As we look ahead towards 2019, it is worth reflecting on several high-profile patent cases and brewing developments from the past year. Here are five lessons we learned from 2018 that may be useful in developing IP litigation strategies for the coming year:
Lesson 1: Some patent law doctrines do not apply in inter partes reviews (IPRs). In the widely publicized St. Regis Mohawk Tribe v. Mylan Pharmaceuticals Inc. (Case No. 18-1638), the Federal Circuit affirmed the Patent Trial and Appeal Board (PTAB)’s finding that tribal sovereign immunity does not apply in IPRs. The issue arose when Allergan sold its patents covering its drug Restasis to the St. Regis Mohawk tribe and retained a license. When Mylan challenged the patents by filing an IPR petition, the Tribe argued that its sovereign immunity shielded its patents from invalidation in an IPR. The case and its underlying transaction raised alarm bells, both in the legal community and on Capitol Hill, with concerns about the same entity using patents offensively without being subject to an IPR. But those concerns have not materialized, or at least not yet. The Federal Circuit held that tribal sovereign immunity does not apply in IPRs because they are “hybrid proceeding[s]” with “adjudicatory characteristics” that make them “less like a judicial proceeding and more like a specialized agency proceeding.” In 2019, we will see whether the United States Supreme Court shows any interest in St. Regis and, on a related note, whether the Federal Circuit reaches the same result for the doctrine of state sovereign immunity in Regents of the University of Minnesota v. LSI Corp. (Case No. 18-1559).
The Federal Circuit also addressed this year whether assignor estoppel applied in IPRs and found that it did not. In district court, this equitable doctrine prohibits inventors and assignors (and those in privity) from later challenging an assigned patent’s validity. But recently in Arista Networks, Inc. v. Cisco Systems, Inc. (Case No. 2017-2336), the Federal Circuit held that assignor estoppel has “no place” in IPR proceedings. Because the AIA allows “a person who is not the owner of a patent” to petition for review, the Court found no statutory basis to preclude assignors from filing petitions against the patents they assigned. This case may also find its way to further review in 2019, either by an en banc Federal Circuit or at the Supreme Court.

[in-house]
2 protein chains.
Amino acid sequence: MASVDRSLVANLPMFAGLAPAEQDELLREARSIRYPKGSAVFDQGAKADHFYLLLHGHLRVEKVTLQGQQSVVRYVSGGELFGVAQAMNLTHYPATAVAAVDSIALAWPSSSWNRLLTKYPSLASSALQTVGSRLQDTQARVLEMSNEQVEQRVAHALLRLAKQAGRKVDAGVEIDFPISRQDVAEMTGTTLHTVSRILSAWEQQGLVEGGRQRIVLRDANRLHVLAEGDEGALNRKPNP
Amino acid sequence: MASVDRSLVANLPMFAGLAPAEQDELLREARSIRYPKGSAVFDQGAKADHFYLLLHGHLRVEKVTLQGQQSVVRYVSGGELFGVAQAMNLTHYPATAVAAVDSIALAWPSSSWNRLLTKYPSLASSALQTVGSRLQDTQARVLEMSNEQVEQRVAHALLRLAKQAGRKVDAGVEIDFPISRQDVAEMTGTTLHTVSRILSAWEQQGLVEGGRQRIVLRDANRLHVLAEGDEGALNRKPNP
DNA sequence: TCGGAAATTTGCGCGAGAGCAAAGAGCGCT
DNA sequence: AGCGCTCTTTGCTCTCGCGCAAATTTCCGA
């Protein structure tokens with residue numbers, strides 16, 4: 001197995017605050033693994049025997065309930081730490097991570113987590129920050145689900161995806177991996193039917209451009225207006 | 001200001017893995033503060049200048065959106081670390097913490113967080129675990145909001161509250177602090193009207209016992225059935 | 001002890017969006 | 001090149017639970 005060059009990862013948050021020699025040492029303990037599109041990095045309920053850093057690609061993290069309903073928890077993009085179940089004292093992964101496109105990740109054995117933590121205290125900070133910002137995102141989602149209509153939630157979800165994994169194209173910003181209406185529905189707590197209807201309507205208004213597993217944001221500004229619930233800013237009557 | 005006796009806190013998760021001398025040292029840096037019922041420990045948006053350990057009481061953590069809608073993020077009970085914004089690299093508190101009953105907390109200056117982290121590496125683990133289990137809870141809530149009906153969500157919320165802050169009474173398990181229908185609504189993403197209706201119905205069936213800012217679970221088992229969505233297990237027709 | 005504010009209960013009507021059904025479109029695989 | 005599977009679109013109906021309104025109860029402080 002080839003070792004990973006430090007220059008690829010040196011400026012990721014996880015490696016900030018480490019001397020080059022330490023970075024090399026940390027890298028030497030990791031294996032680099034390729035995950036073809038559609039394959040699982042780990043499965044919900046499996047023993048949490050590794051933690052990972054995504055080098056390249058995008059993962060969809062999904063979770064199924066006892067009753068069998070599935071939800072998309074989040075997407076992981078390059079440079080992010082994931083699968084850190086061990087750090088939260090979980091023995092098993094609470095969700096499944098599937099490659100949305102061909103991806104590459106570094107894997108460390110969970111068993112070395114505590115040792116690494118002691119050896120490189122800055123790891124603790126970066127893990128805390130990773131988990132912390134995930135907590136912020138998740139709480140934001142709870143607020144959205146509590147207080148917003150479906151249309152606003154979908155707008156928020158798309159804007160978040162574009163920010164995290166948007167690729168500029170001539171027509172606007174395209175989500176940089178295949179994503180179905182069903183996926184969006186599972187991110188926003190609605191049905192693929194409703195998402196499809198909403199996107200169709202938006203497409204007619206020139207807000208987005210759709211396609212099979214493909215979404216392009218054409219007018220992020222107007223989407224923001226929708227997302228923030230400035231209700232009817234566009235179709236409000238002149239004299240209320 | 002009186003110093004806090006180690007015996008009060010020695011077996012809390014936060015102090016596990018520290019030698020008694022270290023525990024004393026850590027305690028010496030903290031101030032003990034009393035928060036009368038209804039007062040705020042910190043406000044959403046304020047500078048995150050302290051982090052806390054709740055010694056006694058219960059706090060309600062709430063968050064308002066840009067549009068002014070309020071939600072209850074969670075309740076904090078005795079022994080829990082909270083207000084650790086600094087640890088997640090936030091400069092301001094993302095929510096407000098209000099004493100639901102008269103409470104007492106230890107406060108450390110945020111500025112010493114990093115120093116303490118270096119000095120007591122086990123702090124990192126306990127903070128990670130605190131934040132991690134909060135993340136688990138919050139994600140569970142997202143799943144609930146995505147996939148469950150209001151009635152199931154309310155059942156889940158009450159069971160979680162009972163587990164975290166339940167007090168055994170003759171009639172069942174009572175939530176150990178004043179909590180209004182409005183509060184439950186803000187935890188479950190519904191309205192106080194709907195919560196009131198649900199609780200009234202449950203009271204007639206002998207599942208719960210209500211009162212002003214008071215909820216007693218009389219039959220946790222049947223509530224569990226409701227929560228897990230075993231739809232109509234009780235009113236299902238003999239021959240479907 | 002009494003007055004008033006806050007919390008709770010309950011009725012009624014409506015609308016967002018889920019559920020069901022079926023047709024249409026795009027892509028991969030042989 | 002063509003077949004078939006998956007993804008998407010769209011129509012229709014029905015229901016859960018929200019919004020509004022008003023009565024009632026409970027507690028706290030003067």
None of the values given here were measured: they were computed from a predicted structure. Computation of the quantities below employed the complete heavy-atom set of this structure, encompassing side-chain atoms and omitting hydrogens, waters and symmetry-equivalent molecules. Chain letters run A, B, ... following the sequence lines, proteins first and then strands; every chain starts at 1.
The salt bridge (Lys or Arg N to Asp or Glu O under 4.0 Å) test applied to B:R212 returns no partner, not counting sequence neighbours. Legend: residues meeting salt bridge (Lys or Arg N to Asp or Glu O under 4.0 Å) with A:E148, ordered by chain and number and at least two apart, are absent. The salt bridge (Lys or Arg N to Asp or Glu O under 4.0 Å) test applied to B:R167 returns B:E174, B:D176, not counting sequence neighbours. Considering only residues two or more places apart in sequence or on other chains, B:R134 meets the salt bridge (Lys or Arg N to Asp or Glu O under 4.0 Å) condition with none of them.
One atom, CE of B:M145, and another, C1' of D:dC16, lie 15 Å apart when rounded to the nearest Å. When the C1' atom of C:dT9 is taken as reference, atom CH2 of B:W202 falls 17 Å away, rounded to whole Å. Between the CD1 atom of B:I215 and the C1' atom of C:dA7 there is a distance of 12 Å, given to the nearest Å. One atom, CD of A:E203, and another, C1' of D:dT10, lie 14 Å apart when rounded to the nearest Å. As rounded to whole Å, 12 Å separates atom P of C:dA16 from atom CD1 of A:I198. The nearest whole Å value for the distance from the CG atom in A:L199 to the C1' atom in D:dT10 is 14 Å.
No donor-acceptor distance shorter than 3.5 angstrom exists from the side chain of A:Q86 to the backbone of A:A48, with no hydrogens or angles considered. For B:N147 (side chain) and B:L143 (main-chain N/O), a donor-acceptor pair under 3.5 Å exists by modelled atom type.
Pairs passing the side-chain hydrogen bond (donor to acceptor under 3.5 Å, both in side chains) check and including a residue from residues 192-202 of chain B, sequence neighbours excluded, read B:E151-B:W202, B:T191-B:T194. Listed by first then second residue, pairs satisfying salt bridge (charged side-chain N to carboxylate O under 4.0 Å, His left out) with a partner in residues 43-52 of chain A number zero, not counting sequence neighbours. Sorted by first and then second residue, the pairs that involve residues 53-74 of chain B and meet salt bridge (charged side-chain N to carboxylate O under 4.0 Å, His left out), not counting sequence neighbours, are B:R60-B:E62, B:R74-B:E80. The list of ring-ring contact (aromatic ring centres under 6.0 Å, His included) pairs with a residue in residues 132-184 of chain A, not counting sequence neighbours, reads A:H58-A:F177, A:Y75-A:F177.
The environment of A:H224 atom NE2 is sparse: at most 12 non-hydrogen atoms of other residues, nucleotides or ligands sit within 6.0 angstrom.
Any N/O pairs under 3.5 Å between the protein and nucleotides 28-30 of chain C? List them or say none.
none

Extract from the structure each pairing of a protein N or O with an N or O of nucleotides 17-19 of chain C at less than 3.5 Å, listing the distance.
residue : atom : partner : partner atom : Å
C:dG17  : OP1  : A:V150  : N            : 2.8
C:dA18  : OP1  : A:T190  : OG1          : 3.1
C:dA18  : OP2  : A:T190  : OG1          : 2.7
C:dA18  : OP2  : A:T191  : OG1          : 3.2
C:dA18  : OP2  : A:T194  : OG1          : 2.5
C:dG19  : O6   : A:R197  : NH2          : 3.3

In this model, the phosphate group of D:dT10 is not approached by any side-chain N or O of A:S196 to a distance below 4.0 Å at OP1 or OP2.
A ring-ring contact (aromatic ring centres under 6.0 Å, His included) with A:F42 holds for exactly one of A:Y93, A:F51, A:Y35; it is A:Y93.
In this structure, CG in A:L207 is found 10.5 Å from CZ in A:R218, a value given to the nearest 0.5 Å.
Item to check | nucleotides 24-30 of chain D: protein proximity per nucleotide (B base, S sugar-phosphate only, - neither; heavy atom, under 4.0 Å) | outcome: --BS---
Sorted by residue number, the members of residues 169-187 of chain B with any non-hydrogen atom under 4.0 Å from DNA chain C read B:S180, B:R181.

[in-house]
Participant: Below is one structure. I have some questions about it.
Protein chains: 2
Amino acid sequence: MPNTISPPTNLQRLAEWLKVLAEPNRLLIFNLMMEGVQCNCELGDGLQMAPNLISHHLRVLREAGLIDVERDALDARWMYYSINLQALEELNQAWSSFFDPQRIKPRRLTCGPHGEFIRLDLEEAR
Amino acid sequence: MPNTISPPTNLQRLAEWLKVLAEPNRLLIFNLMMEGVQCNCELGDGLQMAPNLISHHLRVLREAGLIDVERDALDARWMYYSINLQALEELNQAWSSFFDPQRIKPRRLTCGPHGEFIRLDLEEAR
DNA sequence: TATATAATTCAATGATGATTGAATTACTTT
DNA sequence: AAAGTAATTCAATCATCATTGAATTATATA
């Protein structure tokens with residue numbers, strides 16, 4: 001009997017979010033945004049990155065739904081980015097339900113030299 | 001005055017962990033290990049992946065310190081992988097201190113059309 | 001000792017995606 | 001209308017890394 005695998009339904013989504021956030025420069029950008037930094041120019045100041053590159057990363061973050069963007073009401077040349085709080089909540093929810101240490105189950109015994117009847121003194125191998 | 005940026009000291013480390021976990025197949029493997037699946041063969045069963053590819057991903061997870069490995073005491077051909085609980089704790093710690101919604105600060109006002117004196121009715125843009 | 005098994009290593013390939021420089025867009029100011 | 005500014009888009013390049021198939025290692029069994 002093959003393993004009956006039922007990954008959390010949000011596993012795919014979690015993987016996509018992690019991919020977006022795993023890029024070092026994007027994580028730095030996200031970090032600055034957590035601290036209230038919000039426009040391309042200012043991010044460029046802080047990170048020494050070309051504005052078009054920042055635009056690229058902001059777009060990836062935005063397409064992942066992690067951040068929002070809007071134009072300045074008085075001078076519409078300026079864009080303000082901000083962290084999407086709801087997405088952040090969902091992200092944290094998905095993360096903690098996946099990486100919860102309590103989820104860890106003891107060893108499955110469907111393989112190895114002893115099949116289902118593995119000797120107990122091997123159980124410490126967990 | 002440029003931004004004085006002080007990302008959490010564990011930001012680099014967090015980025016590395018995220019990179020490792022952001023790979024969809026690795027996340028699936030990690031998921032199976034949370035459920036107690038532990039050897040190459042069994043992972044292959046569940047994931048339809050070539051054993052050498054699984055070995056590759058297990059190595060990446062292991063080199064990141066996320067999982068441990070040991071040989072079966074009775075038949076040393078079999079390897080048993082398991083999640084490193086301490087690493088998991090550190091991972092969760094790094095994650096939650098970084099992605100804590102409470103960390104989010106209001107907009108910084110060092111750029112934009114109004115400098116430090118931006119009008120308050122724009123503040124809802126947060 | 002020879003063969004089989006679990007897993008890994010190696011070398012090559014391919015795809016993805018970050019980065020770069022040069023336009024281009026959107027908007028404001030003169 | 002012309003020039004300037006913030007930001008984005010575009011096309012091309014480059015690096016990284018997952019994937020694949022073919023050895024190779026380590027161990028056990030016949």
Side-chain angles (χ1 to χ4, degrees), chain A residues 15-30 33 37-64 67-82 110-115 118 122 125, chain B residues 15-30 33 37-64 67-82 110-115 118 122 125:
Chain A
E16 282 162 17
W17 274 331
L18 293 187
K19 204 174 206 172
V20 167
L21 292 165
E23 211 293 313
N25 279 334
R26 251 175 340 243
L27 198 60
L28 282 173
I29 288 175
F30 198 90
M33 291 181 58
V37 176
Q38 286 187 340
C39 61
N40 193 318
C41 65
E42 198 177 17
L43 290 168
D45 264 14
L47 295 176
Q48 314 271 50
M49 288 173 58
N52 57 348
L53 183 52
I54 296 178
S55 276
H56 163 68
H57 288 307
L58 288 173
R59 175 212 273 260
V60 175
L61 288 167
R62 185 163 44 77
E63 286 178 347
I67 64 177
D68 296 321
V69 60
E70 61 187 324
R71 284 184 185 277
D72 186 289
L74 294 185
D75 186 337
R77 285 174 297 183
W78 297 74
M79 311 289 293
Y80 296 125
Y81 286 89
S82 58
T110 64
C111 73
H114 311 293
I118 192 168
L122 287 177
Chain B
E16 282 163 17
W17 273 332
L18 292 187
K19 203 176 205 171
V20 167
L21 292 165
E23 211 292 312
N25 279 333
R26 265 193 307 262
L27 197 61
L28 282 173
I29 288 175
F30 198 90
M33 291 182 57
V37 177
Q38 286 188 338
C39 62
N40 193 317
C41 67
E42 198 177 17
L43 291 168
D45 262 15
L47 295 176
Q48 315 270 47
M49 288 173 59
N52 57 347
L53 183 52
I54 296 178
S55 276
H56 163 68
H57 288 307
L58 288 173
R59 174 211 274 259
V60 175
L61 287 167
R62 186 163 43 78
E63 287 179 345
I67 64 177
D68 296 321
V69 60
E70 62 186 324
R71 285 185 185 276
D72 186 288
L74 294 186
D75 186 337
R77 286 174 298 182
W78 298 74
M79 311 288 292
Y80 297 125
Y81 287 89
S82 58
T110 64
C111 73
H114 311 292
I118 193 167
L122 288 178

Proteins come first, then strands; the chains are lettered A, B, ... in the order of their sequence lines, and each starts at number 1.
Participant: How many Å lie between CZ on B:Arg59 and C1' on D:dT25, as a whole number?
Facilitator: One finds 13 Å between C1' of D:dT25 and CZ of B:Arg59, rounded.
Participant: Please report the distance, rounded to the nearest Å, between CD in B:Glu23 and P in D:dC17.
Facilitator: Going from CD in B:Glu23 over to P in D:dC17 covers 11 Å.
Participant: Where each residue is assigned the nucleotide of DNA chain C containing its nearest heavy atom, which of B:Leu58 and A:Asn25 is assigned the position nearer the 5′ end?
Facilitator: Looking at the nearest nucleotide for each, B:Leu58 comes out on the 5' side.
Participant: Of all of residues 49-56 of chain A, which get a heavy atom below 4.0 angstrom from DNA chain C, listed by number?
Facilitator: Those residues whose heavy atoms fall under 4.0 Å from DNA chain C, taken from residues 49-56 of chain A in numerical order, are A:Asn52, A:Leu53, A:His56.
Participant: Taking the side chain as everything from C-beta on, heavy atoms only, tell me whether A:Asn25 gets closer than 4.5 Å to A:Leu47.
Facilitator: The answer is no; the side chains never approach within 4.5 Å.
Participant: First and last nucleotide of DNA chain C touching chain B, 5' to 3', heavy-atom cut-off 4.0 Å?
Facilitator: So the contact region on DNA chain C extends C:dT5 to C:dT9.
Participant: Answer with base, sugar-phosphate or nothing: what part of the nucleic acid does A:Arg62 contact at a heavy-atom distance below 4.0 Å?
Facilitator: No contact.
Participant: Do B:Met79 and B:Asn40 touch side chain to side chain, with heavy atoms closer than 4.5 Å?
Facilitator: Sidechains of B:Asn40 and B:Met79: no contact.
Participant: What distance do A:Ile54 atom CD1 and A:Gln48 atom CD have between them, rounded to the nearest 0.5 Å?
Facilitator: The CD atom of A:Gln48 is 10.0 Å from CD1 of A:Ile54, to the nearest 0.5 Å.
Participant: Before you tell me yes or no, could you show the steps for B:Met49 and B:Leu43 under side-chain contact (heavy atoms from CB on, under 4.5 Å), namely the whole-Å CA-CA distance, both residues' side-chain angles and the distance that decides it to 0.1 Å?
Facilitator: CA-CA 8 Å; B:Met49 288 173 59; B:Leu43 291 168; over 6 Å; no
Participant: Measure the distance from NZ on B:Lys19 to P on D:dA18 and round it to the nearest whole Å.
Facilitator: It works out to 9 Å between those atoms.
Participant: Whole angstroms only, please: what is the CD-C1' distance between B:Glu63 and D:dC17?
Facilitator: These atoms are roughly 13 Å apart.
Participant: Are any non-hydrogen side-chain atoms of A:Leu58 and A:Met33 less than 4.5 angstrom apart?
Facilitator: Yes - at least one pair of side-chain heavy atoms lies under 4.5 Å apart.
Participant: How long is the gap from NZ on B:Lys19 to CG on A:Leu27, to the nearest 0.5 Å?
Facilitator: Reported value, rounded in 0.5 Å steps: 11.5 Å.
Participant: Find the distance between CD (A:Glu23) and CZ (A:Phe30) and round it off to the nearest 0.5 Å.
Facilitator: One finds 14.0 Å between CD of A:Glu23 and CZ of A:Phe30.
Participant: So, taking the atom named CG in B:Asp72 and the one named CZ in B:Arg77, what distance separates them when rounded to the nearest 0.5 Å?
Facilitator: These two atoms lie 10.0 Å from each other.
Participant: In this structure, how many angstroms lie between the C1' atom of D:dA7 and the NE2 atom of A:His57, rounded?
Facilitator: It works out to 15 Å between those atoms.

Lesson 2: Section 101 might be more unsettled now than it was in 2017. In a pair of cases issued within one week of each other—Aatrix Software, Inc. v. Green Shades Software, Inc. (Case No. 17-1452) and Berkheimer v. HP Inc. (Case No. 17-1437)—the Federal Circuit challenged conventional wisdom about resolving Section 101 claims. Historically, district courts analyzed Section 101 challenges on motions to dismiss, or at the latest, on summary judgment. Yet in Aatrix and Berkheimer, the Federal Circuit concluded that the second step of the section 101 analysis—whether the claims are directed to an inventive concept—can in some cases have underlying factual questions not amenable to resolution as a matter of law. Patent owners are likely to rely upon these decisions to defend against Section 101 challenges, but these cases may only be a temporary tool as they likely will not be the final word on the issue. Indeed, dissenting from denials of en banc rehearing in both cases (see Aatrix and Berkheimer), Judge Lourie (joined by Judge Newman) wrote that “the law needs clarification by higher authority, perhaps by Congress, to work its way out of what so many in the innovation field consider are § 101 problems.” And Judge Reyna, dissenting separately, explained that in his view, the status quo “offers no meaningful guidance to the bar, the government, or the public on how to proceed” in addressing Section 101 determinations. This is an area that the Federal Circuit will likely further explore next year.
There may also be increased uncertainty in the line of Section 101 cases in the pharmaceutical and biotech areas with the Federal Circuit’s decision in Vanda Pharmaceuticals Inc. v. West-Ward Pharmaceuticals International Limited (Case No. 16-2707). The court held that claims covering a method for treating patients with iloperidone based on an identified biological relationship were patent eligible, and tried to distinguish the Supreme Court’s Mayo Collaborative Services v. Prometheus Laboratories, Inc. decision. According to the Federal Circuit, the claims in Vanda applied the biological relationship instead of merely claiming the relationship itself. But consistent with Chief Judge Prost’s dissent in Vanda, some have perceived that distinction as a thin one: Like Vanda, Mayo also involved claims including the step of administering a drug to a patient, although those claims did not specify the dosages like the claims in Vanda.